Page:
unnecessary to specify the earlier work, as nothing is

included which the author believes to be immature.

Since William Rossetti published his final and most comprehensive

version of his brother’s Works in 1911, editors, biographers and critics

have generally accepted his dates of composition included there as

part of the Table of Contents. While endorsing these dates as the most

complete and accurate available in any one compilation, I have

changed many of them. There are inaccuracies, omissions and contradictions in William’s House of Life dates, drawn as they are over a

period of sixty-five years from several of his records and publications

and the extensive family archive of which he was the custodian. Perhaps

the most reliable of all these sources are his day diaries (WMRD and

WMR MS Diary), mostly unpublished but available at the University

of British Columbia; in them he recorded literary data from the PreRaphaelite Brotherhood era to the poet’s deathbed compositions.

William also recorded many dates of sonnet composition in his

Collected Works of 1886 (CW), his 1889 Dante Gabriel Rossetti as Designer

and Writer (DGRDW), his two-volume 1895 Dante Gabriel Rossetti: His

Family Letters with a Memoir (FL/FLM), his Poems with Illustrations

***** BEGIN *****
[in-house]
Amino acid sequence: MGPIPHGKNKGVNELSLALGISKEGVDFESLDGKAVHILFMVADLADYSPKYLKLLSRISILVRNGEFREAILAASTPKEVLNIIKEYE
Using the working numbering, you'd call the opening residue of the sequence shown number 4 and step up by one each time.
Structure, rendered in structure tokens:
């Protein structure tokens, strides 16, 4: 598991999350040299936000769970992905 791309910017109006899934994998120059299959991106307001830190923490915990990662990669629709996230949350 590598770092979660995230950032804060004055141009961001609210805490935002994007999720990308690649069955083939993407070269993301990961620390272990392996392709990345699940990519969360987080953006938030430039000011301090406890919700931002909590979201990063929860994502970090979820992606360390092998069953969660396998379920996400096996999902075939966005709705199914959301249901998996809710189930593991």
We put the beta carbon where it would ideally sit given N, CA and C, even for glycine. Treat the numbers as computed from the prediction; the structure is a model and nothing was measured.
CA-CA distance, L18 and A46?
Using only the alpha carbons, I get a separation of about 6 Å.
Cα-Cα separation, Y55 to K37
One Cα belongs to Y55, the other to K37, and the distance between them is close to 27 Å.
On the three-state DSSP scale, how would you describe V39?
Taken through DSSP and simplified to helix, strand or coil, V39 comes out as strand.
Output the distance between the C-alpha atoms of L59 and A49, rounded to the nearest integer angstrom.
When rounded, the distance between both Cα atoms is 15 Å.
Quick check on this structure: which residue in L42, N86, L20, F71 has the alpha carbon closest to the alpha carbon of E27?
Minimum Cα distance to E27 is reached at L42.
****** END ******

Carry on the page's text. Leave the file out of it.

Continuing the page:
(1904), his Bibliography (1905) and his privately printed Dante Gabriel

Rossetti: Classified Lists of His Writings with the Dates (1906) {ClassLists}.

Successive editors of The House of Life before me have discovered

and corrected some of William’s inaccurate dates. Frederick Page,

who worked on a never-completed critical edition for Oxford

University Press, and Paull F. Baum, who in 1928 published the only

critical edition of the House to appear, eliminated many errors by

reference to letters and dated MSS. Baum revised and augmented his

Appendix on the Dating of the Sonnets in his edition of Rossetti’s Poems,

Ballads and Sonnets (1937). Kathryn I. Gordon and Thomas Delsey,

who edited The House of Life for their Ph.D dissertations, continued

this task. Building on their work and that of the late W. E. Fredeman,

editor of the Correspondence of Dante Gabriel Rossetti (WEF) who

Appendix One


corrected so many dating blunders in the work of Oswald Doughty

and J. R. Wahl, I offer in this edition the most complete and accurate

set of documented dates that I could compile after my research on

primary materials (see Appendix Seven, Locations of Sources). Dates of